Kapota, Kāpota: 33 definitions
Kapota means something in Buddhism, Pali, Hinduism, Sanskrit, Marathi. If you want to know the exact meaning, history, etymology or English translation of this term then check out the descriptions on this page. Add your comment or reference to a book if you want to contribute to this summary article.
Natyashastra (theatrics and dramaturgy)Source: Wisdom Library: Nāṭya-śāstra
Kapota (कपोत, “pigeon”) refers to a gesture (āṅgika) made with ‘combined hands’ (saṃyuta), according to the Nāṭyaśāstra chapter 8. The hands (hasta) form a part of the human body which represents one of the six major limbs (aṅga) used in dramatic performance. With these limbs are made the various gestures (āṅgika), which form a part of the histrionic representation (abhinaya).
(Instructions of Kapota): Two (Añjali) hands meeting on one of their sides will make the Kapota hand. Listen about its uses.
(Uses of Kapota): It is to be used to indicate an approach with inimical intention, bowing and talking to a venerable person. To indicate cold and fear, women are to hold this hand on their breasts. The hands [showing the Kapota gesture] released after the meeting of fingers will indicate anxious words, or ‘This much can be done’ or ‘Nothing more can be done.’Source: archive.org: The mirror of gesture (abhinaya-darpana)
One of the saṃyutta-hastāni (Twenty-four combined Hands).—Kapota (dove): the hands are joined at the side, base and top. Usage: taking oath, conversation with elders etc., humble acquiescence.
According to another book: the Añjali hands are separated. The patron deity is Citrasena. Usage: acquiescence, trees suchas the coconut, areca-nut, etc., plantain flower, cold, nectar, receiving things, casket, citron.Source: Shodhganga: Elements of Art and Architecture in the Trtiyakhanda of the Visnudharmottarapurana (natya)
1) Kapota (कपोत) or “pigeon (colour)” is associated with Karuṇa or the “pathetic sentiment”, which represents one of the nine kinds of Rasa (“soul of Drama”), according to the Viṣṇudharmottarapurāṇa, an ancient Sanskrit text which (being encyclopedic in nature) deals with a variety of cultural topics such as arts, architecture, music, grammar and astronomy.— Karuṇa i.e., pathos is the sentiment delineated in the circumstances of sorrow. The Viṣṇudharmottarapurāṇa says that it is enacted through frightened limbs, crying in grief, pale and dry face. [...] Śoka is the sthāyibhāva of karuṇarasa. Kapota i.e., the colour of pigeon is the colour of this sentiment. Yama is the God of this sentiment.
2) Kapota (कपोत) refers to one of the thirteen Saṃyuktahastas or “combined hand gestures” (in Indian Dramas), according to the Viṣṇudharmottarapurāṇa.—The hasta-mudrās (lit. “hand-gestures”) are very essential to denote some particular action or state in dancing and these mudrās are formed with the help of hands and fingers.—The word kapota means pigeon in Sanskrit. When the sides of two hands are joined together it is looked like a pigeon with its wings. In the Viṣṇudharmottarapurāṇa this hand posture is called as kapota-hasta and it is used to show cold and danger. But in the Abhinayadarpaṇa, this posture is said to use in salutation, addressing teachers, polite acceptance or agreement.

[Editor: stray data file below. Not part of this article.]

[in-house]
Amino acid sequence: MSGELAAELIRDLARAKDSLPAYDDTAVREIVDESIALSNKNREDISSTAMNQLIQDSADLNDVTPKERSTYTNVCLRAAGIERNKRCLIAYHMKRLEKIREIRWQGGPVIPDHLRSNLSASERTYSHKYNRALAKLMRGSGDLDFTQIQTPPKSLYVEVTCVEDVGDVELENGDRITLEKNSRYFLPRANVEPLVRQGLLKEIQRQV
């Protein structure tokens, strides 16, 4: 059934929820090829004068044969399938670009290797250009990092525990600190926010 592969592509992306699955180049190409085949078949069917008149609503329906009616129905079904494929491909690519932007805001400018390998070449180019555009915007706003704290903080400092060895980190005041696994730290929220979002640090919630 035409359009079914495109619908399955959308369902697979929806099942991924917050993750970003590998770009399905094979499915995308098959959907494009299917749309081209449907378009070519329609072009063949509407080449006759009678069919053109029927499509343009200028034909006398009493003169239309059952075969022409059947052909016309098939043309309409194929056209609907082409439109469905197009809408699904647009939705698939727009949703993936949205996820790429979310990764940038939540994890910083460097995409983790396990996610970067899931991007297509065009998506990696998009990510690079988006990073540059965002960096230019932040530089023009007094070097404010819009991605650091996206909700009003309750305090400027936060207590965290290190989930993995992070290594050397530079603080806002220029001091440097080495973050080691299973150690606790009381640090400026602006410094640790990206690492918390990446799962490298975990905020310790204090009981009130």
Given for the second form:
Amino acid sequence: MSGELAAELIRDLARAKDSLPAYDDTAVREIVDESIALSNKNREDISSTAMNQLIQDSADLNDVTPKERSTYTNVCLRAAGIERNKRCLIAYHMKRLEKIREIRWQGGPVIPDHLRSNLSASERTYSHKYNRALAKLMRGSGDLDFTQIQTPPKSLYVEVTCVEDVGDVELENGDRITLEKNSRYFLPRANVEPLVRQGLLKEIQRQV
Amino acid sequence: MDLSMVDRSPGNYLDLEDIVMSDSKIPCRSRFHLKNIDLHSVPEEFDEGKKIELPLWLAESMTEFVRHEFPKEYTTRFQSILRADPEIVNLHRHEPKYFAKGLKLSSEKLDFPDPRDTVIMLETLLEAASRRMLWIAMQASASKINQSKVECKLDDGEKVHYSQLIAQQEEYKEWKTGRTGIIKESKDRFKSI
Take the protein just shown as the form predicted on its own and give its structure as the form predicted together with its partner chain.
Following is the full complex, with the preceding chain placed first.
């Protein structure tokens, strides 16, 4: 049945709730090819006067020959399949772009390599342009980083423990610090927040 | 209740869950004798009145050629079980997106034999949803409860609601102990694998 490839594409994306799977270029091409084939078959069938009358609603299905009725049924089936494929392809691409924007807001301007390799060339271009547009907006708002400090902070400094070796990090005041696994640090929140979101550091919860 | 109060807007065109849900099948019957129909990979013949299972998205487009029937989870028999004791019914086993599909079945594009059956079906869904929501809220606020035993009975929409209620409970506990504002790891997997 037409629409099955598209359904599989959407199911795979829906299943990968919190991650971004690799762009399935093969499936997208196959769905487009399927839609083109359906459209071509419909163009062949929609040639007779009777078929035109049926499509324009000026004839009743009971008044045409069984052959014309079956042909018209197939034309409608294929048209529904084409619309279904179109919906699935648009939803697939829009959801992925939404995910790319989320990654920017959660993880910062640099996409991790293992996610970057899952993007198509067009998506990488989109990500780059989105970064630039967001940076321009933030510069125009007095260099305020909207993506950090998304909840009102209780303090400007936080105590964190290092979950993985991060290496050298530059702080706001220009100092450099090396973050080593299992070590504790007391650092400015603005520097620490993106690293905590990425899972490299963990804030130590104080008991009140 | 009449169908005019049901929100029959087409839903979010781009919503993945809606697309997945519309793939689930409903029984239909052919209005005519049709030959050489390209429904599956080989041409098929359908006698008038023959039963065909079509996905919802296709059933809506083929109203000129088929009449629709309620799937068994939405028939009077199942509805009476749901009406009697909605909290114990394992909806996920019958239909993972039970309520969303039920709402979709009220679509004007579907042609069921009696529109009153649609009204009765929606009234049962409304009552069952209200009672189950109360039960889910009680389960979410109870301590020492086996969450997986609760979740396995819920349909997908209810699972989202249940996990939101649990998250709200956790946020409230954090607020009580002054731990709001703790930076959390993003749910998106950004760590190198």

Natyashastra (नाट्यशास्त्र, nāṭyaśāstra) refers to both the ancient Indian tradition (shastra) of performing arts, (natya—theatrics, drama, dance, music), as well as the name of a Sanskrit work dealing with these subjects. It also teaches the rules for composing Dramatic plays (nataka), construction and performance of Theater, and Poetic works (kavya).
Ayurveda (science of life)Source: Wisdom Library: Āyurveda and botany
Kapota (कपोत) is a Sanskrit word referring to the “pigeon/dove”. The meat of this animal is part of the māṃsavarga (‘group of flesh’), which is used throughout Ayurvedic literature. The animal Kapota is part of the sub-group named Pratuda, refering to animals “who eat while striking”. It was classified by Caraka in his Carakasaṃhitā sūtrasthāna (chapter 27), a classical Ayurvedic work. Caraka defined such groups (vargas) based on the dietic properties of the substance.
The meat of the domestic pigeon is astringent, non-slimy and cold. It is madhura in Vipāka. It alleviates internal haemorrhage. The wild pigeons are slightly lighter, cold, constipating and diminishing the quantity of urine.Source: archive.org: Sushruta samhita, Volume I
Kapota (कपोत)—Sanskrit word for a bird corresponding to “wild dove” or “pigeon”. This animal is from the group called Pratuda (which peck). Pratuda itself is a sub-group of the group of animals known as Jāṅghala (living in high ground and in a jungle).
The flesh of the Kāṇa-kapota (wild dove) is heavy and has a palatable, saline and astringent taste. It proves beneficial in hæmoptysis and is sweet of digestion.Source: Shodhganga: Dietetics and culinary art in ancient and medieval India